Is There a Definitive Line for Someone Crossing Over From Recreational Use to Addiction?

Highest Standards, Nationally Recognized:

Is There a Definitive Line for Someone Crossing Over From Recreational Use to Addiction?

crossing the line

A terrible stereotype that many hold about those with addiction is that they have a character flaw, are weak-willed or are immoral. What many don’t realize is that many, if not all, of those with an addiction don’t want to be addicted – they developed a harmful habit that eventually got out of control. Just as someone who eats too much sugar each day may eventually develop diabetes or another condition, someone with an addiction has slipped into it without even realizing it, and it’s often not that simple to quit.

USA Today claims that nearly 21 million Americans struggle with substance addictions, equating to 1 in 7 people. As a person begins taking drugs, the “feel good” chemical in the brain, dopamine, is released, connecting feelings of pleasure to the drug and memories are stored of this interaction in the brain’s hippocampus. This causes a person to associate the drug with good feelings, and thus cues a person to want to take the drug again. Individuals who have not yet developed a physical dependence on a drug may consider themselves to use recreationally – this can easily and subtly turn into addiction when the person begins to constantly crave the drug, which leads them to think and act differently than they did before.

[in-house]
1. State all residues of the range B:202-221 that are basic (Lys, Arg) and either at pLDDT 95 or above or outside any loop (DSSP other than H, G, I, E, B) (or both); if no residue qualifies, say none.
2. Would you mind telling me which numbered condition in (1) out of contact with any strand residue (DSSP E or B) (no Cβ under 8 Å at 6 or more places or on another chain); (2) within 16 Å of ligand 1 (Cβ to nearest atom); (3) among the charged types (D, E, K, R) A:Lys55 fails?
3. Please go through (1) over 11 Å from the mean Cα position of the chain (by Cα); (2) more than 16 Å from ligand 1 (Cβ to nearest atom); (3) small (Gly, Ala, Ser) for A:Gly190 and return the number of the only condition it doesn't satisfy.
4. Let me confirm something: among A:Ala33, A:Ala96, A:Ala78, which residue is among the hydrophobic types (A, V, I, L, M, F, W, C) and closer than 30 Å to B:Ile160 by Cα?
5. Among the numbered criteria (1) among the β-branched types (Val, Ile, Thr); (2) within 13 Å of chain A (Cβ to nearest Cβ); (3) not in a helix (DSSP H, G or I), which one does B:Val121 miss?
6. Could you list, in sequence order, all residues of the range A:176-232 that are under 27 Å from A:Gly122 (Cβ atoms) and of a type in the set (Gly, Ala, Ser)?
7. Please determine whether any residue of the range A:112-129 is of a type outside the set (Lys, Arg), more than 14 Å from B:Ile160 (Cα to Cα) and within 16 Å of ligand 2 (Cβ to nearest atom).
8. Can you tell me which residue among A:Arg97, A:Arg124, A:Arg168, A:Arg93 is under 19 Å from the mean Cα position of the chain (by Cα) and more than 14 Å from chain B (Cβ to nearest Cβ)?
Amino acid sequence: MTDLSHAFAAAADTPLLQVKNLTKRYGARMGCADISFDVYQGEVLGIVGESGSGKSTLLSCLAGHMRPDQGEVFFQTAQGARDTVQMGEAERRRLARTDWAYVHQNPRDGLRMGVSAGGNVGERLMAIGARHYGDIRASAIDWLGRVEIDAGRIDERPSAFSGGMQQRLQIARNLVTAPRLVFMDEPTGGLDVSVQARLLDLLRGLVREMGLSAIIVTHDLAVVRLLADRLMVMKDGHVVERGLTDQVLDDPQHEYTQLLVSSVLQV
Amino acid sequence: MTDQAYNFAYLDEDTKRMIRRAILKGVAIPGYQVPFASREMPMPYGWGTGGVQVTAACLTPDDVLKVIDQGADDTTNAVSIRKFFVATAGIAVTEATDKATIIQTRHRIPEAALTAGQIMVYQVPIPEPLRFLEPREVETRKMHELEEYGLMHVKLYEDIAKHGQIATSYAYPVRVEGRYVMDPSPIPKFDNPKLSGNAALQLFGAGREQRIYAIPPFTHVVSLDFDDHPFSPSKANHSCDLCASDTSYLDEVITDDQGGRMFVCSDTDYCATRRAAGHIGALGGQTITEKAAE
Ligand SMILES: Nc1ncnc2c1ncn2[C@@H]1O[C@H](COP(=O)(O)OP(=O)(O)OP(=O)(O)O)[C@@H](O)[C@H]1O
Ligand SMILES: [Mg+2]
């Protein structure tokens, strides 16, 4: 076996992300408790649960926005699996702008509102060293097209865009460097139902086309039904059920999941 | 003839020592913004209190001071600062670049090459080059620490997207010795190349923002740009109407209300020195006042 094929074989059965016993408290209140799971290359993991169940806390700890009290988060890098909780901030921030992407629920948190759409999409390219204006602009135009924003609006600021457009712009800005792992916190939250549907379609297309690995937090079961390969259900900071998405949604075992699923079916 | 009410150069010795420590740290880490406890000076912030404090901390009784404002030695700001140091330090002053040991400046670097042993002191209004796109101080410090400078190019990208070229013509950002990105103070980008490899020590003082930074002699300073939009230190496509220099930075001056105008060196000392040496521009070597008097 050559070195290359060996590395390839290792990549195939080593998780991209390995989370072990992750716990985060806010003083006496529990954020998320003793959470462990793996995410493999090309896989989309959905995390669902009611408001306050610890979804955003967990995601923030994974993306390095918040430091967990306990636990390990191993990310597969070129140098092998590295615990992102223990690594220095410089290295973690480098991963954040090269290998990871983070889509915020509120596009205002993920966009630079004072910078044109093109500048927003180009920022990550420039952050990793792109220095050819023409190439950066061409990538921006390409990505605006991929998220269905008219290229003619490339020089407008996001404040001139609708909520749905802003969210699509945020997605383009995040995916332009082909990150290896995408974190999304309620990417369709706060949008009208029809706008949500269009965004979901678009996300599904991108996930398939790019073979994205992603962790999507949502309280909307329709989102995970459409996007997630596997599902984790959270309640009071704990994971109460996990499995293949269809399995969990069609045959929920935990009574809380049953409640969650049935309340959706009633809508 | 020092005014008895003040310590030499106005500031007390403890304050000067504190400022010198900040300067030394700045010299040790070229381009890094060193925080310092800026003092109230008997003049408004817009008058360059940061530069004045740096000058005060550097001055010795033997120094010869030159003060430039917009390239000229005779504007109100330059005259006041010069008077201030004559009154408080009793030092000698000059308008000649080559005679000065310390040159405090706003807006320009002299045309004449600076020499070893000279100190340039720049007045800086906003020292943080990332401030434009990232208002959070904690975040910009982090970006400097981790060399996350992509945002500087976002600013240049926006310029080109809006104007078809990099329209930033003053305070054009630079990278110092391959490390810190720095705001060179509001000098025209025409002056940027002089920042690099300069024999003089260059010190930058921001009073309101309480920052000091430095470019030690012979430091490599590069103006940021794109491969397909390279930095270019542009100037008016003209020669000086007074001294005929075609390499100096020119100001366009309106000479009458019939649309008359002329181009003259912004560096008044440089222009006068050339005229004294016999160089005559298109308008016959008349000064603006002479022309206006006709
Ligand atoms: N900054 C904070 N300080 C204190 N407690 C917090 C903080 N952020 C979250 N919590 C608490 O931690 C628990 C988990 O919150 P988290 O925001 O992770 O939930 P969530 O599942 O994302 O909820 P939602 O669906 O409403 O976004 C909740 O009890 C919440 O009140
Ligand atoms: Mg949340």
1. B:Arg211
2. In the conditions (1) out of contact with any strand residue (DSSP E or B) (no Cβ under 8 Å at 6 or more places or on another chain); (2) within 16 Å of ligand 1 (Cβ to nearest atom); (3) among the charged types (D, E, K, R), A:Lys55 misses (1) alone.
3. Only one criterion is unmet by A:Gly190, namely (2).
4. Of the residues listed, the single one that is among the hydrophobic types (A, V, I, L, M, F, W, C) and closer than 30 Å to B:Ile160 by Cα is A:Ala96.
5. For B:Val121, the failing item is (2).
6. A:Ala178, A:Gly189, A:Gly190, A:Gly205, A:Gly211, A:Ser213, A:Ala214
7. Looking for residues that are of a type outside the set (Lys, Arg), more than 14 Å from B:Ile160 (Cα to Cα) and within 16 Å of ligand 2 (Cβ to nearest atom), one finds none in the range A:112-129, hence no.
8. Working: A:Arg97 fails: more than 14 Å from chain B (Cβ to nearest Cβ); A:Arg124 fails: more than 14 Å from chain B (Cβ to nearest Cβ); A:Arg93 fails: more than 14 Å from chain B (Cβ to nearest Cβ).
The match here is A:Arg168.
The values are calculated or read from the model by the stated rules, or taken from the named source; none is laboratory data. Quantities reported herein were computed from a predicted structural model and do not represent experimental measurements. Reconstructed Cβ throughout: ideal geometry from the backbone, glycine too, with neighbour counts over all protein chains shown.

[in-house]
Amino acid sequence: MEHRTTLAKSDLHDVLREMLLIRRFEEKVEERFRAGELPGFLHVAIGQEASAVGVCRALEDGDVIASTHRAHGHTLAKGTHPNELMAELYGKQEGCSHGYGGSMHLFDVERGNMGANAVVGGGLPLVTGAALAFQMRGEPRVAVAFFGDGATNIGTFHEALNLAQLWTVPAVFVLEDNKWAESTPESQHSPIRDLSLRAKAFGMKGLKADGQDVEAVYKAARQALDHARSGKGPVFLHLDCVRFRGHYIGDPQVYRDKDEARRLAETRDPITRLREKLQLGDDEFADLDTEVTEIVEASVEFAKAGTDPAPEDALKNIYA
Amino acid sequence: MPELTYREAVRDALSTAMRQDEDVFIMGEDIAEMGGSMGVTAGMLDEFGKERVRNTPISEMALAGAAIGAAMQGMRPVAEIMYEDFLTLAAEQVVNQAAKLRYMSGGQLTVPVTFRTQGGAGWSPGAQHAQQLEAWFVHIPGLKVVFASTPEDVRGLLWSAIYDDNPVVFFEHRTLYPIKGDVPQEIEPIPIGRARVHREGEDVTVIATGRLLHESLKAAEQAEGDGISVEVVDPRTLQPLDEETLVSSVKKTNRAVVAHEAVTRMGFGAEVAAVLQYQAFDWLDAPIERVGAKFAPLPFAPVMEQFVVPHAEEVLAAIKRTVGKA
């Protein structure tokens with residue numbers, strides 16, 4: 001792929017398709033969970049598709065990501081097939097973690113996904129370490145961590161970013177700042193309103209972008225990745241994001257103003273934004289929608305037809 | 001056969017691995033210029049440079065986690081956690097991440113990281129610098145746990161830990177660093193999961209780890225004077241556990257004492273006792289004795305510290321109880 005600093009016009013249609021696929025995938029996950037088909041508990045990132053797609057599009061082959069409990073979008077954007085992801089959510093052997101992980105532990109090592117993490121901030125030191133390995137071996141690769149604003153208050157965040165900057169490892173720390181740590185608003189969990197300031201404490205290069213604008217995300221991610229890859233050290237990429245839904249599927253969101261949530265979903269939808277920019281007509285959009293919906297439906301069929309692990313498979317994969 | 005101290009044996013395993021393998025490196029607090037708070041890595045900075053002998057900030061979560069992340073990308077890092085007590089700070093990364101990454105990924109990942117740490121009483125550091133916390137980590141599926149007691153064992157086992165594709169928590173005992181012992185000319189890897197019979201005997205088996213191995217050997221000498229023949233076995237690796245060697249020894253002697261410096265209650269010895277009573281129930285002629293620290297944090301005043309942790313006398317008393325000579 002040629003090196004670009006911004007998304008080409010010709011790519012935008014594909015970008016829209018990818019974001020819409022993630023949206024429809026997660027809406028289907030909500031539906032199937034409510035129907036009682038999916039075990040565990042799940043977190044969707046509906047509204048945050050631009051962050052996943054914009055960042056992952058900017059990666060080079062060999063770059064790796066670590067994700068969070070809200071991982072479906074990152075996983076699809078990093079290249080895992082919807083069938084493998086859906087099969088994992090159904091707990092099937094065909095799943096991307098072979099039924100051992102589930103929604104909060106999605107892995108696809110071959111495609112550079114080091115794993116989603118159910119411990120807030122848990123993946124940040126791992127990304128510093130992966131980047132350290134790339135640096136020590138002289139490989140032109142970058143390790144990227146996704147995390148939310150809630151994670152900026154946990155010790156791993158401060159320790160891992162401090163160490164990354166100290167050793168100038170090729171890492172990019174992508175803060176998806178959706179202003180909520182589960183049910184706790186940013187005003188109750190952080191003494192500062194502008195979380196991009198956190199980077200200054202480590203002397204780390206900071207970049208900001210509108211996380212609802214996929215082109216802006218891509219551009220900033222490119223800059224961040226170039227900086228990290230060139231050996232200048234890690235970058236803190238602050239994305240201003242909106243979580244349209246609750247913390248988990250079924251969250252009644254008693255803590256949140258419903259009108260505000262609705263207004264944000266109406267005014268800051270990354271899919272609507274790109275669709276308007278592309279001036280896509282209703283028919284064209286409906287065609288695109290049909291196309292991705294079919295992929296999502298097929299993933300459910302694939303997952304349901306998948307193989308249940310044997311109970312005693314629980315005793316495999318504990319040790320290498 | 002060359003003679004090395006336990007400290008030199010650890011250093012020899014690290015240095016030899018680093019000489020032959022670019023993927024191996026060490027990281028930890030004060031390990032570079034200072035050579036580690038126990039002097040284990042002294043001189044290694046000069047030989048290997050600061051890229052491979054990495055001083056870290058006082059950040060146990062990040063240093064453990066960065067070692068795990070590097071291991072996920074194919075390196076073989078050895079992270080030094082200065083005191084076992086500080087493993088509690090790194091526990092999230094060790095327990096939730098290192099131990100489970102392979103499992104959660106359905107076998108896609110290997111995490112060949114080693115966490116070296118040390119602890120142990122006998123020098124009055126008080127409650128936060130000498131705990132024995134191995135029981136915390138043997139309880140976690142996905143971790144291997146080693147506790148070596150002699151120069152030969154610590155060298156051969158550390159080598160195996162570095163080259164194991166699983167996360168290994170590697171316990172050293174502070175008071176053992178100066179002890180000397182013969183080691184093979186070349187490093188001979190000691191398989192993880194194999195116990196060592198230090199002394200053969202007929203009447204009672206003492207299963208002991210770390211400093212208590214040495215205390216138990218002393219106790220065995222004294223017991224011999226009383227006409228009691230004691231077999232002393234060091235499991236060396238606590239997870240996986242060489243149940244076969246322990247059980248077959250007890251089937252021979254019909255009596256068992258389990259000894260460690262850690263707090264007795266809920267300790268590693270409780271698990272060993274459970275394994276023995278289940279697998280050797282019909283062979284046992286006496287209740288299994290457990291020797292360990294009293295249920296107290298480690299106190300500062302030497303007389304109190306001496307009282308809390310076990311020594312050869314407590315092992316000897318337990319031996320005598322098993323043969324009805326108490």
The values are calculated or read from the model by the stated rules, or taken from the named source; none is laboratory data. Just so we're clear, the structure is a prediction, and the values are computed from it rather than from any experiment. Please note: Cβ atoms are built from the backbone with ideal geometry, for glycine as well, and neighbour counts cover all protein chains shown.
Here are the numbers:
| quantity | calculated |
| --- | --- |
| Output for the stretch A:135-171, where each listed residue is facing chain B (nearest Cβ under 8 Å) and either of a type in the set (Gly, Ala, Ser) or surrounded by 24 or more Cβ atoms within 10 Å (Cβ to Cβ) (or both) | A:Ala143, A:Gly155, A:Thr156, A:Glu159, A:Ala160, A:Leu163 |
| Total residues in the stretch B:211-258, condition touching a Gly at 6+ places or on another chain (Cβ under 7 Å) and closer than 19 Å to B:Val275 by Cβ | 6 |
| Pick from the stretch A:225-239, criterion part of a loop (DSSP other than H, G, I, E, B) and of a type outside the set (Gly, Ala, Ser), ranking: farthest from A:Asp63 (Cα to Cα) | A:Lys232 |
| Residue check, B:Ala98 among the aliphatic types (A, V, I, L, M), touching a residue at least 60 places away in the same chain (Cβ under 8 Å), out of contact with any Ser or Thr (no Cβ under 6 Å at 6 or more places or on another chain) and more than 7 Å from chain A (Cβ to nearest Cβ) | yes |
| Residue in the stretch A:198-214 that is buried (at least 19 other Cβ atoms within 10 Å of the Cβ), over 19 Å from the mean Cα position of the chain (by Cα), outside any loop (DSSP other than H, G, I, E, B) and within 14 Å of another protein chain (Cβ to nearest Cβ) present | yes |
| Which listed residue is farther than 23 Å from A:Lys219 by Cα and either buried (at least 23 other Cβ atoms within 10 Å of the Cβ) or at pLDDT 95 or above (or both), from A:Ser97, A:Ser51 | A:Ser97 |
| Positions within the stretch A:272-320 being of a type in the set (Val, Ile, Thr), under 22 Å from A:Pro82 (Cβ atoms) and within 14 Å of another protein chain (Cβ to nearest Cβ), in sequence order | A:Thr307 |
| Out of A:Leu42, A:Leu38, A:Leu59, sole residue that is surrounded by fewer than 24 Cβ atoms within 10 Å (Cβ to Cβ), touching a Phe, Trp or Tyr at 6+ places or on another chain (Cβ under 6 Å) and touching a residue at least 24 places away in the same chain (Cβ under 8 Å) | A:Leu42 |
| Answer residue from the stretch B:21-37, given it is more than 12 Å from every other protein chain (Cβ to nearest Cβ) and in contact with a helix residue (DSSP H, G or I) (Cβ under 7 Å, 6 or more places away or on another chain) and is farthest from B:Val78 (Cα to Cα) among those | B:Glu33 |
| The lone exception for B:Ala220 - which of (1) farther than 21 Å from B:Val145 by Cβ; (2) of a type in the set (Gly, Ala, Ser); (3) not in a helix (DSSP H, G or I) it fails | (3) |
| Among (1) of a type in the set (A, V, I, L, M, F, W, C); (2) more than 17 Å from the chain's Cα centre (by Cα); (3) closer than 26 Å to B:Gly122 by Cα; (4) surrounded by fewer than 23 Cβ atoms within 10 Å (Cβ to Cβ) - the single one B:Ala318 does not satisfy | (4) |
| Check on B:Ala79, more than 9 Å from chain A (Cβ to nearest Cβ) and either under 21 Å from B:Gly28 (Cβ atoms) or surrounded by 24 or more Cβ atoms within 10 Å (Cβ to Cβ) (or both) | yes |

The National Institute on Drug Abuse (NIDA) explains that as a person continues using drugs, the brain becomes accustomed to the overflow of dopamine and begins to believe it needs that much to feel happy and relaxed. This is the point at which a person’s recreational use has become out of control, because now their brain chemicals are altered. Long-term use changes brain chemicals that interact with a person’s learning, judgment, decision-making, stress, memory, and behavior.

With this change occurring in the brain, a person may begin lying, stealing, experiencing trouble at work or home, become financially unstable, may borrow money from others, and more to fuel the habit their body now requires. This is the point at which the person needs professional help at a treatment center to detox, enter therapy, and join support groups. Time Magazine notes that many drugs are illegal and prohibited because of their propensity for abuse and addiction, yet there are still many Americans who struggle with addiction.

 

 

 

 

If you are currently struggling with a substance addiction, call us today at 888-958-7511 for a consultation. Avalon Malibu is a world-renowned, California state-licensed mental health and substance abuse recovery center. If you are ready to seek treatment to develop the tools you need to overcome life’s obstacles and be on the road towards happiness, health, and well-being, call us today.

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